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Murray Human Rights Commission Postpones Bringing Ordinance Forward To Allow Community Input

Ludovic Bertron, via Wikimedia Commons

Not long before yesterday’s Murray City Council meeting, the Human Rights Commission decided to hold off bringing its ordinance to a vote. The updated ordinance would protect people of different sexual orientations and gender identities.

HRC Chairman Jody Cofer Randall says the human rights ordinance hasn’t had a significant update since it was adopted in 1970. But before taking it to the city council, the commission wanted to hear from the public, especially as more people approached them with concerns.

“A number of people want to share their perspective or their opinion that don’t feel like they’ve had that opportunity although this is something that has been worked on for several years,” Randall said.

City Hall was packed with community members yesterday as many were still expecting the HRC to bring the ordinance forward although the group announced its intentions to postpone shortly before the meeting.

Randall says he has heard two main criticisms of the ordinance’s changes to include protections for LGBT people.

“Either they still oppose it on religious grounds, even though the recommended draft has two pages of exemptions for religion,” Randall said. “But the other is there is some people saying they believe this effort would hurt small businesses.”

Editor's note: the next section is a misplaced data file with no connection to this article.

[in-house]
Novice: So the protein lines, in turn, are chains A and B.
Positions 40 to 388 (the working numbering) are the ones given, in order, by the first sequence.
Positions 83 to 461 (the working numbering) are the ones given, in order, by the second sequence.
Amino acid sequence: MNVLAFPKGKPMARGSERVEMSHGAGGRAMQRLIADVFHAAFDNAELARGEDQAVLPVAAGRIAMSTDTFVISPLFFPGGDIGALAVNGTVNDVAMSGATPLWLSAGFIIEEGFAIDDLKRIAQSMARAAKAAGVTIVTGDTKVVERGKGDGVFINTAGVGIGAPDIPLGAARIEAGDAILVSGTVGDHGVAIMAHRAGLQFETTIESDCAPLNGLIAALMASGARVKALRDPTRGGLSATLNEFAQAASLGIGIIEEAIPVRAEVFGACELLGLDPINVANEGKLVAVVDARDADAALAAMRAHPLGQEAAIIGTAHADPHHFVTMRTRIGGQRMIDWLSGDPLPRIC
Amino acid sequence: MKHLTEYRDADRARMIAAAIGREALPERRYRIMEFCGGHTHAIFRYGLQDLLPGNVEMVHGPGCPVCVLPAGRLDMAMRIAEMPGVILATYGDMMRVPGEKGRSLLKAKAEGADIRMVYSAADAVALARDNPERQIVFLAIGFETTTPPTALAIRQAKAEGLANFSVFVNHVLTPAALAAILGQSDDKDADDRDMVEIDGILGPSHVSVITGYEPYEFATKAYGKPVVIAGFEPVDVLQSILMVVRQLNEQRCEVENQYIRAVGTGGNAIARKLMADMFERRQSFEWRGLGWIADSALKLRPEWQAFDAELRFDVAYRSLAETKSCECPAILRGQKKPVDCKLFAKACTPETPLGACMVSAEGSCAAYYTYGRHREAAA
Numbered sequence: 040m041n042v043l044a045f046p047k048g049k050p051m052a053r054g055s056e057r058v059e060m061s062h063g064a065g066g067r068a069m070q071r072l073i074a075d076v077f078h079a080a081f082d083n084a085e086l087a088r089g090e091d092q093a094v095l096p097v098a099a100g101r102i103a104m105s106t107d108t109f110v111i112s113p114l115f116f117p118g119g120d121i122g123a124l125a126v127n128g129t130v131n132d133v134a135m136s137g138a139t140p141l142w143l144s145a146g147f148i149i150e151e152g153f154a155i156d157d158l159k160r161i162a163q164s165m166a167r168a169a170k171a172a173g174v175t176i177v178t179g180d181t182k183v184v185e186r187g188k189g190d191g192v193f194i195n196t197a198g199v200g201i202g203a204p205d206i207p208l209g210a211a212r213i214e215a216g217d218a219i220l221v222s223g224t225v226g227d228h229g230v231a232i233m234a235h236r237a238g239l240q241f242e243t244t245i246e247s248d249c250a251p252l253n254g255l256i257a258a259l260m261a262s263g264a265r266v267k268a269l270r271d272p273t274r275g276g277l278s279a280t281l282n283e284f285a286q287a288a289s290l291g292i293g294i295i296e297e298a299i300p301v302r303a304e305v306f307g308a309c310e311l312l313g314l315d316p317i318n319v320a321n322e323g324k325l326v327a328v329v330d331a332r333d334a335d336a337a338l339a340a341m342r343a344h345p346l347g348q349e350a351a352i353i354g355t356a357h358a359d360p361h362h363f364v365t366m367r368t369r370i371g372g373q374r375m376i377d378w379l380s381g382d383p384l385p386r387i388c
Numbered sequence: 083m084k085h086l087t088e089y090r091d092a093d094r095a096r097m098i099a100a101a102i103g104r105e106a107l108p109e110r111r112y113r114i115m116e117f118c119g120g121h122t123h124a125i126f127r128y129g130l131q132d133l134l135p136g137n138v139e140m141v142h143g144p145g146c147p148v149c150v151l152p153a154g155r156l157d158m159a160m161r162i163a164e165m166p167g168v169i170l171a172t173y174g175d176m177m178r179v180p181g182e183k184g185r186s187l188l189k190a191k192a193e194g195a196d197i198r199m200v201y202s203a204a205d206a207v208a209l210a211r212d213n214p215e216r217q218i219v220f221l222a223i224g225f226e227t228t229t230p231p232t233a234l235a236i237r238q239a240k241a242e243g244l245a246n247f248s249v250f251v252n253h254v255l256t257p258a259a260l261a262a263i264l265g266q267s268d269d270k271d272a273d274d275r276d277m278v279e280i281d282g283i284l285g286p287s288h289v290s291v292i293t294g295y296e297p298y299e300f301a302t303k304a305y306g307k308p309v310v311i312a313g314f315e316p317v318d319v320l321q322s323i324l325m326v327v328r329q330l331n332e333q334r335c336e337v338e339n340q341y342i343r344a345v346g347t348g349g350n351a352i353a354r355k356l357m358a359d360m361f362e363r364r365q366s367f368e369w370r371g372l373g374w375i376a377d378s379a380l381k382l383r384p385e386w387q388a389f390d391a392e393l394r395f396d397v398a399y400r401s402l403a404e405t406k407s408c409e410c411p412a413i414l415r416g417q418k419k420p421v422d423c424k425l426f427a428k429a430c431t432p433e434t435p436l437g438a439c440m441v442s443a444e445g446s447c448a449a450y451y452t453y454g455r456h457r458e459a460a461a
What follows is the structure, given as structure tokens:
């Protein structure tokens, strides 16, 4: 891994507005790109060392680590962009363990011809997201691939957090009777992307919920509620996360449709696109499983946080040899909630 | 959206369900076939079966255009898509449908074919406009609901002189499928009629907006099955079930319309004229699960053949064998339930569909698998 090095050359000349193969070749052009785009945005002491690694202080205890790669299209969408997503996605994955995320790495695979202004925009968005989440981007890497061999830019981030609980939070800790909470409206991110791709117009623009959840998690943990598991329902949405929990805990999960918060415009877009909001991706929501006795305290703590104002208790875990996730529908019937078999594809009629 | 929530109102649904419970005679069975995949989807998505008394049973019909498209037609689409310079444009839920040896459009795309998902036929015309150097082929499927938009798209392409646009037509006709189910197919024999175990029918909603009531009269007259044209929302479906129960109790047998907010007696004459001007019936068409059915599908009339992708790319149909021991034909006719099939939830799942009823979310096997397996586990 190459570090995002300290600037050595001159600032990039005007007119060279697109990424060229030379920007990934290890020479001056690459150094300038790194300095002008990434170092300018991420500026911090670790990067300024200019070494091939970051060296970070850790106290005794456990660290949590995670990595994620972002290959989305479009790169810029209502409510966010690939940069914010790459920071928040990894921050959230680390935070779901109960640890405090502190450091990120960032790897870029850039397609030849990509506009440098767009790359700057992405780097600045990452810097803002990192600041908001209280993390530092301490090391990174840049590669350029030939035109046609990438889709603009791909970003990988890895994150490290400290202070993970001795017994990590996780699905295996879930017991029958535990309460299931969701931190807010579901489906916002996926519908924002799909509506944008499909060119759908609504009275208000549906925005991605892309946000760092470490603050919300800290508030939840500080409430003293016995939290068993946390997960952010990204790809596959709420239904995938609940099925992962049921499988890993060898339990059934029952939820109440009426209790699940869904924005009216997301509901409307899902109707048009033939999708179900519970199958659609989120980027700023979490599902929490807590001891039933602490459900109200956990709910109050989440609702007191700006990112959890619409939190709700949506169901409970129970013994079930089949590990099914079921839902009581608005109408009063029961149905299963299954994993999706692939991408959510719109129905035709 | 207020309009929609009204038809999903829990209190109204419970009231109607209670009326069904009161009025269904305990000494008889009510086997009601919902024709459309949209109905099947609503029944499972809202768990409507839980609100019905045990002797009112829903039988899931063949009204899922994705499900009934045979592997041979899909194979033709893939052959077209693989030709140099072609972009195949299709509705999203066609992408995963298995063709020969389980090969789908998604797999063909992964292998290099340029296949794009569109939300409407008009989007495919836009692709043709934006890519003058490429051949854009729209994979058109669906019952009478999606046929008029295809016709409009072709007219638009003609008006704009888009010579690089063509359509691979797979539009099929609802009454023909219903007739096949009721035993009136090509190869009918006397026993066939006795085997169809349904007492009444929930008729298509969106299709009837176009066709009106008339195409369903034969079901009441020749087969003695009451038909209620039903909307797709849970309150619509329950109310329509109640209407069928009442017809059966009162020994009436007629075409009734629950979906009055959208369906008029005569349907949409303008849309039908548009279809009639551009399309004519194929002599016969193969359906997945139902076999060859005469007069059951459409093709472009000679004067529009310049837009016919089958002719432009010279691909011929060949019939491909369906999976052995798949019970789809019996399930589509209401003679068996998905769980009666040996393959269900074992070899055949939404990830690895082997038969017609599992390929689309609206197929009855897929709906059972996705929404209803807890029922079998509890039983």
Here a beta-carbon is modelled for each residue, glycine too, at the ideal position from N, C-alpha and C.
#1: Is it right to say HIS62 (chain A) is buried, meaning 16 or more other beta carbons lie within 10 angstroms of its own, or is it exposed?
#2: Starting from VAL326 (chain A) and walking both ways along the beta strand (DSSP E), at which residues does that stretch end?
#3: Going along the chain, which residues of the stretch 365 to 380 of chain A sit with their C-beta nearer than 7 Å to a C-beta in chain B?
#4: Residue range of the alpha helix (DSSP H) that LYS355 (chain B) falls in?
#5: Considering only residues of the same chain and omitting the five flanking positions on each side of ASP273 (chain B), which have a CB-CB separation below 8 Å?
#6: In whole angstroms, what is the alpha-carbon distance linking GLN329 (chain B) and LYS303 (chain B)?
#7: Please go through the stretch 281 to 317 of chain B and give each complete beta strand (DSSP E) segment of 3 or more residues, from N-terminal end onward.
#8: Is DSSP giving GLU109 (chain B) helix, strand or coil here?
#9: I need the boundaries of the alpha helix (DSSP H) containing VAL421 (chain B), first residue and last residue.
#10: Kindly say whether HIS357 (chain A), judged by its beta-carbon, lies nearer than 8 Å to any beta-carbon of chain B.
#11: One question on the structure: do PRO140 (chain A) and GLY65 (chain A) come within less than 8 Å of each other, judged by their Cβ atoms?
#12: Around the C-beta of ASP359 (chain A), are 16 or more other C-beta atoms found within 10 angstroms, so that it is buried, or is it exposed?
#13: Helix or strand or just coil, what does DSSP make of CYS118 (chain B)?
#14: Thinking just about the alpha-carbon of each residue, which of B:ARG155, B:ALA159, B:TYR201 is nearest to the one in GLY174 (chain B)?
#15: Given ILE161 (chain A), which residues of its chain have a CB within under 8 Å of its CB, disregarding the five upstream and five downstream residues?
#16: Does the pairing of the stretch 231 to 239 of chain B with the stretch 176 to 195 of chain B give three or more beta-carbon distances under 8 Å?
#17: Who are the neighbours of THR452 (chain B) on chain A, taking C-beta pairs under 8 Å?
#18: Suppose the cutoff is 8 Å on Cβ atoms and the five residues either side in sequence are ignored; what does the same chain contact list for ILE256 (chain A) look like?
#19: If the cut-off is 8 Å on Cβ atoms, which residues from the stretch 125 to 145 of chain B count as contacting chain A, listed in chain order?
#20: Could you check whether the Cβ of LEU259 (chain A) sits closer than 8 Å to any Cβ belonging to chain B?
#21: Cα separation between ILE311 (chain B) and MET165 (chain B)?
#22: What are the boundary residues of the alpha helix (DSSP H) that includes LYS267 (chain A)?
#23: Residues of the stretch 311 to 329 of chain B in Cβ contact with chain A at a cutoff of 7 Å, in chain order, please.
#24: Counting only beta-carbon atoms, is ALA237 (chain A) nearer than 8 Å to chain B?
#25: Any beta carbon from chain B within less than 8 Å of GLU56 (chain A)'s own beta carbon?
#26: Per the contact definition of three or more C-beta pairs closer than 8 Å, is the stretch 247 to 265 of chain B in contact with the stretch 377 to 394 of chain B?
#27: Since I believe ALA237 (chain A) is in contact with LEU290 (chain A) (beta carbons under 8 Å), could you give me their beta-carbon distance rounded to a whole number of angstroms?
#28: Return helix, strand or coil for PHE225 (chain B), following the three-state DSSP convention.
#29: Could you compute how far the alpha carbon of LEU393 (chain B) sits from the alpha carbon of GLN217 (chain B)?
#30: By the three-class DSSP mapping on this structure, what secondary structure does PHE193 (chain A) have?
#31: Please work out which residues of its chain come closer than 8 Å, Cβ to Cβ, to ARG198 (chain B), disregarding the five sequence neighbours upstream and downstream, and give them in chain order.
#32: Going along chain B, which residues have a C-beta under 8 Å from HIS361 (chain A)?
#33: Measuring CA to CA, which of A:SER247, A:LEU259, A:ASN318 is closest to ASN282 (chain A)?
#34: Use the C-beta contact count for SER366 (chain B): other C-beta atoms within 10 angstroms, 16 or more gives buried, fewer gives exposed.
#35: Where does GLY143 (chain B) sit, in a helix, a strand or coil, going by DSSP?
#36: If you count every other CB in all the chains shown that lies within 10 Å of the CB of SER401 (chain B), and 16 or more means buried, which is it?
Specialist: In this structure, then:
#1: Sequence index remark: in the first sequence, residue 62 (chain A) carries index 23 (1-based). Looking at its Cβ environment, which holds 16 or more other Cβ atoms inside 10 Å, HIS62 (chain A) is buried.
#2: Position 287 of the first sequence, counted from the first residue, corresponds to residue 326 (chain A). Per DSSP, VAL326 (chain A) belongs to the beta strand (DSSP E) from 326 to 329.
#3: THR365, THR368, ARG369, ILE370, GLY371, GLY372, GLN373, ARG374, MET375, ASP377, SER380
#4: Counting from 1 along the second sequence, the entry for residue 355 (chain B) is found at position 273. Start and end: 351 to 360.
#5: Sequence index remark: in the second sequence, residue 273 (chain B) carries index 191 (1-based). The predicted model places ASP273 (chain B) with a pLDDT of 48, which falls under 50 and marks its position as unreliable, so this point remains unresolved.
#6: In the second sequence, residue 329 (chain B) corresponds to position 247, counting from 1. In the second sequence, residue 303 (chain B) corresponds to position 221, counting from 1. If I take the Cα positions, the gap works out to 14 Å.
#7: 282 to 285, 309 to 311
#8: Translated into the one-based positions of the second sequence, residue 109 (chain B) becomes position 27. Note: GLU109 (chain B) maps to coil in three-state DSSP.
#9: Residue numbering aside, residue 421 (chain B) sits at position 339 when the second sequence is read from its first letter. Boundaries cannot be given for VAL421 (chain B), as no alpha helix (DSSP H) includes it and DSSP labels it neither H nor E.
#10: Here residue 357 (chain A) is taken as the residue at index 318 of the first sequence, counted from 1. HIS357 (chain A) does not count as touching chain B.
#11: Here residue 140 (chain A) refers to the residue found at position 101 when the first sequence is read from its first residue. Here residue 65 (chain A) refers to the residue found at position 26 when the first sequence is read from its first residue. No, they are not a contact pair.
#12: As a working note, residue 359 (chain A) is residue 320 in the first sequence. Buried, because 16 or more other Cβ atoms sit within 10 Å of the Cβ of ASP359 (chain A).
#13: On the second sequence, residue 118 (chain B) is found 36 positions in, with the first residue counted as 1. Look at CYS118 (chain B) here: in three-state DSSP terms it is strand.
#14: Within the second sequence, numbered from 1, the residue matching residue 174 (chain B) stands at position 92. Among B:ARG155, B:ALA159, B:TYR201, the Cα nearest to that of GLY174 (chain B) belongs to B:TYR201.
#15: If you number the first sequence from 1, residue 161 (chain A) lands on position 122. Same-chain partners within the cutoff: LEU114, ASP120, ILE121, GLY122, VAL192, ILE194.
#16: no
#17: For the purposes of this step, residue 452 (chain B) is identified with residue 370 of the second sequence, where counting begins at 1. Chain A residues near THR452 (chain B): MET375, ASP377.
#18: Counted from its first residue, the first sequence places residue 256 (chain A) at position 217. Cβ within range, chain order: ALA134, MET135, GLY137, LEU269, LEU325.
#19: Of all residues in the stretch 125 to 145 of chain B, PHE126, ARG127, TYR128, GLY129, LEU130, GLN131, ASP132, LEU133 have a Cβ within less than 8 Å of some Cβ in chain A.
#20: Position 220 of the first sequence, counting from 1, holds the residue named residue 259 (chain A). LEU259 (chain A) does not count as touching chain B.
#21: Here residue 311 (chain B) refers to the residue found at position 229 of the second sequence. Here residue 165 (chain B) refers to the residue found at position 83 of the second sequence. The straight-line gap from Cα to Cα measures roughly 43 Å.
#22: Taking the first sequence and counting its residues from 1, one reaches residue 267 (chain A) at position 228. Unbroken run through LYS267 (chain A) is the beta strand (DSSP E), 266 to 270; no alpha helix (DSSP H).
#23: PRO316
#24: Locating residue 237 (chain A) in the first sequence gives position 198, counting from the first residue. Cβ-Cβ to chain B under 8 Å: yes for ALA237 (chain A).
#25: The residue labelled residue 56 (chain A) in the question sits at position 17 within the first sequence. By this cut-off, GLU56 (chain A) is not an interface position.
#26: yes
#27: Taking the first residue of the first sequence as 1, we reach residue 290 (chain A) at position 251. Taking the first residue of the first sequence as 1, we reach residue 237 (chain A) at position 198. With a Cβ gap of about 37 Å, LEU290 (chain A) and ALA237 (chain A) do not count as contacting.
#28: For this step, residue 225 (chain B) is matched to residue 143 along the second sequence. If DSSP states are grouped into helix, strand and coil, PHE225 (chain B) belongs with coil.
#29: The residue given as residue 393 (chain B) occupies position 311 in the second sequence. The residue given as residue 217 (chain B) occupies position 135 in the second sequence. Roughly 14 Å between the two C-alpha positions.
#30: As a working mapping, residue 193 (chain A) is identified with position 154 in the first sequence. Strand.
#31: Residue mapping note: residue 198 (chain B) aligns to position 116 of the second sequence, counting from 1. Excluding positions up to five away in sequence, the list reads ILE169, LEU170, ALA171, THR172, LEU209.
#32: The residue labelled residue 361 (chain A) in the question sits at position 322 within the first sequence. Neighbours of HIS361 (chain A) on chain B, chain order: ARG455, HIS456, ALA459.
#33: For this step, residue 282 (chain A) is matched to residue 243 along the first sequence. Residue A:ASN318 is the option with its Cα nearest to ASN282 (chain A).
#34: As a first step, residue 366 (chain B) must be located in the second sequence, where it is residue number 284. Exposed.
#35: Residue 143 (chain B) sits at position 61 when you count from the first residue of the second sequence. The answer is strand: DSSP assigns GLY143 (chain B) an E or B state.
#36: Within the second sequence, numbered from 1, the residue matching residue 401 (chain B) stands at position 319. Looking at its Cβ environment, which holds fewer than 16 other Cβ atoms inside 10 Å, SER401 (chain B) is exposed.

But not all comments have been critical. Randall says others have told him “it’s exactly what we need.”

Randall says even with the criticism the HRC still plans on bringing its changes to the city council. Here is an excerpt from Randall’s statement yesterday:

The Commission believes that everyone in Murray has the right to earn a living, put a roof over their family’s head, and eat at their favorite restaurant without being asked to leave due to their intrinsic human characteristics. This is something that we remain committed to, but are open to additional community input as to how we insure that is accomplished for everyone.

Randall invites community members to come to a public meeting 6:30 p.m., Dec. 8, at Murray City Hall to discuss their concerns with the ordinance.

Whitney grew up listening to Car Talk to and from her family’s beach vacation each year, but it wasn’t until a friend introduced her to This American Life that radio really grabbed her attention. She is a recent graduate from Union University in Jackson, Tenn., where she studied journalism. When she’s not at WKMS, you can find her working on her backyard compost pile and garden, getting lost on her bicycle or crocheting one massive blanket.
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